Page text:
Nüshu is one of the very few scripts we know about that was created by a woman – or women – and used exclusively by women.
It is not known when or how Nüshu (the word means “women’s writing”) came into being (certainly no earlier than 900), but it seems to have reached its peak during the latter part of the Qing Dynasty (1644–1911). The characters, adapted from standard Chinese ones, were used exclusively among women in Jiangyong County in Hunan province of southern China.
Unlike Chinese, Nüshu writers valued characters written with very fine, almost threadlike, lines as a mark of fine handwriting. The writing was sometimes modified to fit an embroidery pattern, or the individual panels of a fan: concealment was part of its very identity.
This fact underlies almost every aspect of Nüshu – not just because women were not permitted to learn to read and write, but because it was used to capture and communicate aspects of women’s lives that were also personal, private or secret. It is little exaggeration to say that Nüshu represents, both metaphorically and literally, the world of women at a time and in a place when that world was largely invisible to men, and was neither understood nor respected.
One glimpse into this culture is offered by Tan Dun’s multimedia performance work Nu Shu: The Secret Songs of Women, inspired by Jiangyong’s folk songs, mainly the minority (Yao ethnic) music and Sinicized Yao women’s bridal laments.
Tan Dun, who scored the movie Crouching Tiger, Hidden Dragon, spent several years in a remote village in his native province of Hunan, recorded over 200 hours of audio and video and created a work for orchestra, recorded voices and projected images.
Nu Shu: The Secret Songs of Women consists of thirteen movements: “Secret Fan”; “Mother’s Song”; “Dressing for the Wedding”; “Cry-Singing for Marriage”; “Nu Shu Village”; “Longing for Her Sister”; “A Road Without End”; “Forever Sisters”; “Daughter’s River”; “Grandma’s Echo”; “The Book of Tears”; “Soul Bridge”; and “Living in the Dream.”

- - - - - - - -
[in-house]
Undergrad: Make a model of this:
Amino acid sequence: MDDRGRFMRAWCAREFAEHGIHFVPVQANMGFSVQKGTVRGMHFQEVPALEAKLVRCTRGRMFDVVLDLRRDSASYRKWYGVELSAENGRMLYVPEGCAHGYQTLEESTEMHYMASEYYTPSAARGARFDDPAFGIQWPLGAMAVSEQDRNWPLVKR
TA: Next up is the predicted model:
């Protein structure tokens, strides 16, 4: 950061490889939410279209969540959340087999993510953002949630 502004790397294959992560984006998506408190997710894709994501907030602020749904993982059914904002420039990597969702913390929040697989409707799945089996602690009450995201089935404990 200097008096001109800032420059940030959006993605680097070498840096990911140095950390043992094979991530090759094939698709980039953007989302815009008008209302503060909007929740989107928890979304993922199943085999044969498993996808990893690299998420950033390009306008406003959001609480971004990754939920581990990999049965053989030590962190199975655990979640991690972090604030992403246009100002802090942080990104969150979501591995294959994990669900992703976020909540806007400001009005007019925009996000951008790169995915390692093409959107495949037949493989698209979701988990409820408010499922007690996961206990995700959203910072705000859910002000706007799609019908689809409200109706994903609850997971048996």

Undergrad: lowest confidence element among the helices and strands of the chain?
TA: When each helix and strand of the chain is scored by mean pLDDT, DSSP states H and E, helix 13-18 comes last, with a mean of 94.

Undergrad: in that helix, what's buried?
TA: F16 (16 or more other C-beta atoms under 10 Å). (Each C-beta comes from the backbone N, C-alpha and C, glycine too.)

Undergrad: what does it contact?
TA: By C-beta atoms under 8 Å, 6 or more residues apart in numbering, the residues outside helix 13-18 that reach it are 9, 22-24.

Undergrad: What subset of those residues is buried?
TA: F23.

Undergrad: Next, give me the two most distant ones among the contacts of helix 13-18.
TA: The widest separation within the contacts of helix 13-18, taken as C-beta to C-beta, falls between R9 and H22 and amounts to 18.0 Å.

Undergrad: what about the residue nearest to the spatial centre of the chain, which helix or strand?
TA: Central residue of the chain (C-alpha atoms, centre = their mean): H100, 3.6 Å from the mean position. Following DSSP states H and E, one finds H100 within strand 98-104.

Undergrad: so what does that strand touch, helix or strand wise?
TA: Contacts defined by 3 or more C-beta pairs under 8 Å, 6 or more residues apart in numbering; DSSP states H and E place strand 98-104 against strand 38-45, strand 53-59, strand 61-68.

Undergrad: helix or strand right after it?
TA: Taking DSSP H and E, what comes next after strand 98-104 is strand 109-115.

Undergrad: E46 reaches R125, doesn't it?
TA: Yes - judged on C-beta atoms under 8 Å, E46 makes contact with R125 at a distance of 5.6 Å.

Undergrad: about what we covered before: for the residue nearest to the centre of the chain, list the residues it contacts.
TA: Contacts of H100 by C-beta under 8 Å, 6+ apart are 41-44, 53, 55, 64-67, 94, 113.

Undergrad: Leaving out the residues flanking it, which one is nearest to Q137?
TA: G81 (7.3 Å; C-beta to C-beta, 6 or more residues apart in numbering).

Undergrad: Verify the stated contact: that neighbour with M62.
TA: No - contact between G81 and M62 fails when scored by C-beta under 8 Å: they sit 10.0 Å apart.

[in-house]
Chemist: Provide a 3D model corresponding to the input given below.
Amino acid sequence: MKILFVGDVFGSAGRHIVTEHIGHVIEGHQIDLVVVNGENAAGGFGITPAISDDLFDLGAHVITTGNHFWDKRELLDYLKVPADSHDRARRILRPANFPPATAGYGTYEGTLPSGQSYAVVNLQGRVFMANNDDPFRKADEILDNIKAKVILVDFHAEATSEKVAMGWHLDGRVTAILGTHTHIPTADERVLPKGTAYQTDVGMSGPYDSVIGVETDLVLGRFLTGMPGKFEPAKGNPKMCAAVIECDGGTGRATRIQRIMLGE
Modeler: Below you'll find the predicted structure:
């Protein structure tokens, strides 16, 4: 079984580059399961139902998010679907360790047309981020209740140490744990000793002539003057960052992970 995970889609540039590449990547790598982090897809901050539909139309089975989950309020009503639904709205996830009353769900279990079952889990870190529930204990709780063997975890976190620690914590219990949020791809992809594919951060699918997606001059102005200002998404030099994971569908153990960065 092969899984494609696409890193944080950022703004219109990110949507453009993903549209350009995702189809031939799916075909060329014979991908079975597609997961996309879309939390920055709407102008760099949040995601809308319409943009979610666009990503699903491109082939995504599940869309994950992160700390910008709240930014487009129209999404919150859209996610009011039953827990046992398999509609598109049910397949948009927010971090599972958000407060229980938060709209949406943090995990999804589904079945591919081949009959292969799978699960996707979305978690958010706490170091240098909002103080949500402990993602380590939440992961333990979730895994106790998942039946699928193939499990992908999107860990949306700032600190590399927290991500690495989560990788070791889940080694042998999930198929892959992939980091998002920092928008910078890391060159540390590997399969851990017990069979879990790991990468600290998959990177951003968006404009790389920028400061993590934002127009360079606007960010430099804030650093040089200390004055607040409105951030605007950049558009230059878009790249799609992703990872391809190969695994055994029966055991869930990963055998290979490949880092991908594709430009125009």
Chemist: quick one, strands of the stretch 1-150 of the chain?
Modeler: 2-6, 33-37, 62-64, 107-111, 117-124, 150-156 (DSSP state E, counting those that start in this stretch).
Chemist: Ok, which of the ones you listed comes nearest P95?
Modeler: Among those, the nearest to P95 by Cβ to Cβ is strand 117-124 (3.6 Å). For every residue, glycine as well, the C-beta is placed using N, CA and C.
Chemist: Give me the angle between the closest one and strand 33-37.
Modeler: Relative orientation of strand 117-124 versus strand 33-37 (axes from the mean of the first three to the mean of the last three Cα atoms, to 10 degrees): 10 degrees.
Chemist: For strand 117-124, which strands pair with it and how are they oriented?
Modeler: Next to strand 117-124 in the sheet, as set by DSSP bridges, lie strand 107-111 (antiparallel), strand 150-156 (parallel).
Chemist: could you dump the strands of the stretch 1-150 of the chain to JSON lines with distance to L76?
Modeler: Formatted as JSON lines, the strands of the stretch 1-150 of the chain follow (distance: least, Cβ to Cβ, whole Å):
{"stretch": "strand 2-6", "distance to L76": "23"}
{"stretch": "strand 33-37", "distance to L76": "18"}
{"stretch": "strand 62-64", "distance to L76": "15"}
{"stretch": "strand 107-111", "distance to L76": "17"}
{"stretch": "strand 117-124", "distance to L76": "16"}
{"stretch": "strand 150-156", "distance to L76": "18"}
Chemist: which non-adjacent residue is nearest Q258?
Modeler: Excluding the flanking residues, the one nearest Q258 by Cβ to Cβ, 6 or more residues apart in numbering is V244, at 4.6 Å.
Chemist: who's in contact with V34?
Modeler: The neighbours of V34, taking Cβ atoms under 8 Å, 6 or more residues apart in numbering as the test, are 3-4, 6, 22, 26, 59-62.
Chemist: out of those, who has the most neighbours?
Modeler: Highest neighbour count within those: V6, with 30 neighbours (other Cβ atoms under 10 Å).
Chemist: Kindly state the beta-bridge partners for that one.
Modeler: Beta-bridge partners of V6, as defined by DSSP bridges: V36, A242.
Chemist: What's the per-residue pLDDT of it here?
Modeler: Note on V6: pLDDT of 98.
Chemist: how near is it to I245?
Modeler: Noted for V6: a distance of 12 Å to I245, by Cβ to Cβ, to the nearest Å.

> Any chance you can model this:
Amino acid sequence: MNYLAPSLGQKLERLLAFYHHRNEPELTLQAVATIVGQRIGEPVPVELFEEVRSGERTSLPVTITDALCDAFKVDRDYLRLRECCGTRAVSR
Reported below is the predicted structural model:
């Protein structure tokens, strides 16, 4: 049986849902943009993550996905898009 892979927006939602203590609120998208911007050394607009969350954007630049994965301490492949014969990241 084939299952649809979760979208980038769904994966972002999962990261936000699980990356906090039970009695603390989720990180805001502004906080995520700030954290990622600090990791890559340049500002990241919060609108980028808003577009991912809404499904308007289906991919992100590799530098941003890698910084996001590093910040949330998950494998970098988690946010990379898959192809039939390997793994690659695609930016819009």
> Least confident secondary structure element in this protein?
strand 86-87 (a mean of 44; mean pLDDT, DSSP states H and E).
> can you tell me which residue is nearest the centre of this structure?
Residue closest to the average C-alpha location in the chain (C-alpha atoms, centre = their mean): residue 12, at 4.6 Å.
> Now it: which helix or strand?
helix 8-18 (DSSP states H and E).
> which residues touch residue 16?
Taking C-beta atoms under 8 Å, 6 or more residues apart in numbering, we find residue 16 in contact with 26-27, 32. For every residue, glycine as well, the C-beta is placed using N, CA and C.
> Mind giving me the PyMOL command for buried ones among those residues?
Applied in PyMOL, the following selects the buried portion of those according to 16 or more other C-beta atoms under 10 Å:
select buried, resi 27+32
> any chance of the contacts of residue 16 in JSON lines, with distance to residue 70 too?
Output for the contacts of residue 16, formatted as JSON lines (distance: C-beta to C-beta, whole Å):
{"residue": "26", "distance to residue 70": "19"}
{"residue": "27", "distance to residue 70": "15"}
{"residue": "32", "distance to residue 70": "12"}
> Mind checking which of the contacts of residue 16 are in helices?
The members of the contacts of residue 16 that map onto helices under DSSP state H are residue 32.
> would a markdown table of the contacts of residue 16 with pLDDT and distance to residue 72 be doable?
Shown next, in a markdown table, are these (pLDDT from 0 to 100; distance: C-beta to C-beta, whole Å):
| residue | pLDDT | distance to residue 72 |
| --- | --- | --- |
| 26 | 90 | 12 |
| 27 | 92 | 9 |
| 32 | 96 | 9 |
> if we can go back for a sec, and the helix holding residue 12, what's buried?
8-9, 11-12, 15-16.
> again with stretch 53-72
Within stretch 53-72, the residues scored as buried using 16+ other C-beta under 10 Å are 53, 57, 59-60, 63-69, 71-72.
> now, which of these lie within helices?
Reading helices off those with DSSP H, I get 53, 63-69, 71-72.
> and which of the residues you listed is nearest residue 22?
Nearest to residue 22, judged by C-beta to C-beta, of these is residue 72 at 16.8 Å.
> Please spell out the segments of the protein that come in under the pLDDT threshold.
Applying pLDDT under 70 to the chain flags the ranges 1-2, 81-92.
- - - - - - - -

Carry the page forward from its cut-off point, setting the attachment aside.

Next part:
The featured solo instrument is the harp; the instrumentation is predominantly strings, flute, oboe and percussion, with additional handmade sound effects: water trickling into a bowl, the string players’ bows rapping on their instruments to imitate the snapping of fans.
The music is by turns dramatic, plaintive, reflective, melancholy and grief-stricken, but it is the video images of the (mostly elderly) women singing in Nüshu and the circumstances of their singing that demonstrate its social context, meaning and poignancy.
“Dressing for the Wedding,” for example, sounds like a joyful title until it becomes clear that the wedding would have been arranged, the daughter no more than fifteen years old and the wedding itself possibly the last time the mother and daughter ever see each other.
Nüshu was developed to express emotions that were inconvenient or even unacceptable to the orderly regulation of human life, and as such, these songs represent an entire panorama of concealed emotion. Mothers losing daughters, daughters losing mothers, sisters losing each other – a social web so torn, so desperate, it needed a secret language to bear such emotional weight.
The apparently tranquil, even transcendent “Soul Bridge,” which shows a young woman walking thoughtfully across an ornate bridge, has a sadder undercurrent: this is a bridge where she walks to remember her mother, who might be dead or simply not seen for decades.
The final movement, celebrating the working community of women, provides a cheerful ending, but this, in turn, implies how much that community was needed when those women were routinely separated, sundered, left devastated and facing despair.
After the Communist Revolution of 1949, Nüshu slowly fell out of use as women were granted equal access to state-sponsored public education. At the same time, Nüshu was condemned as a “witch’s script” during the Cultural Revolution, and many texts and artifacts were burned. Yang Huanyi, the last native writer and speaker of Nüshu, died in 2004.
On a more optimistic note, efforts to revive the script are currently being carried out by a few scholars in both China and the West. In 2002, Nüshu was added to the Chinese National Register of Documentary Heritage. A Nüshu museum was built on Puwei Island, Jiangyong County, in May 2007, and at least two typographers are working to create Nüshu Noto Sans fonts. Both are women.
General Script, Language, and Culture Resources
- Unicode (PDF)
- Poetic Diary of a Subdued Sex
- Social Studies for Kids Nushu
- Ancient Scripts Nushu
- Introduction to Nushu
- Nushu: From Tears to Sunshine
- Gendered Words
- Heroines of Jiangyong
- Star2 Nushu Article
- Women’s Book Dictionary
- This Chinese handwriting is used exclusively by women
- The Last Guardians of China’s Women-Only Script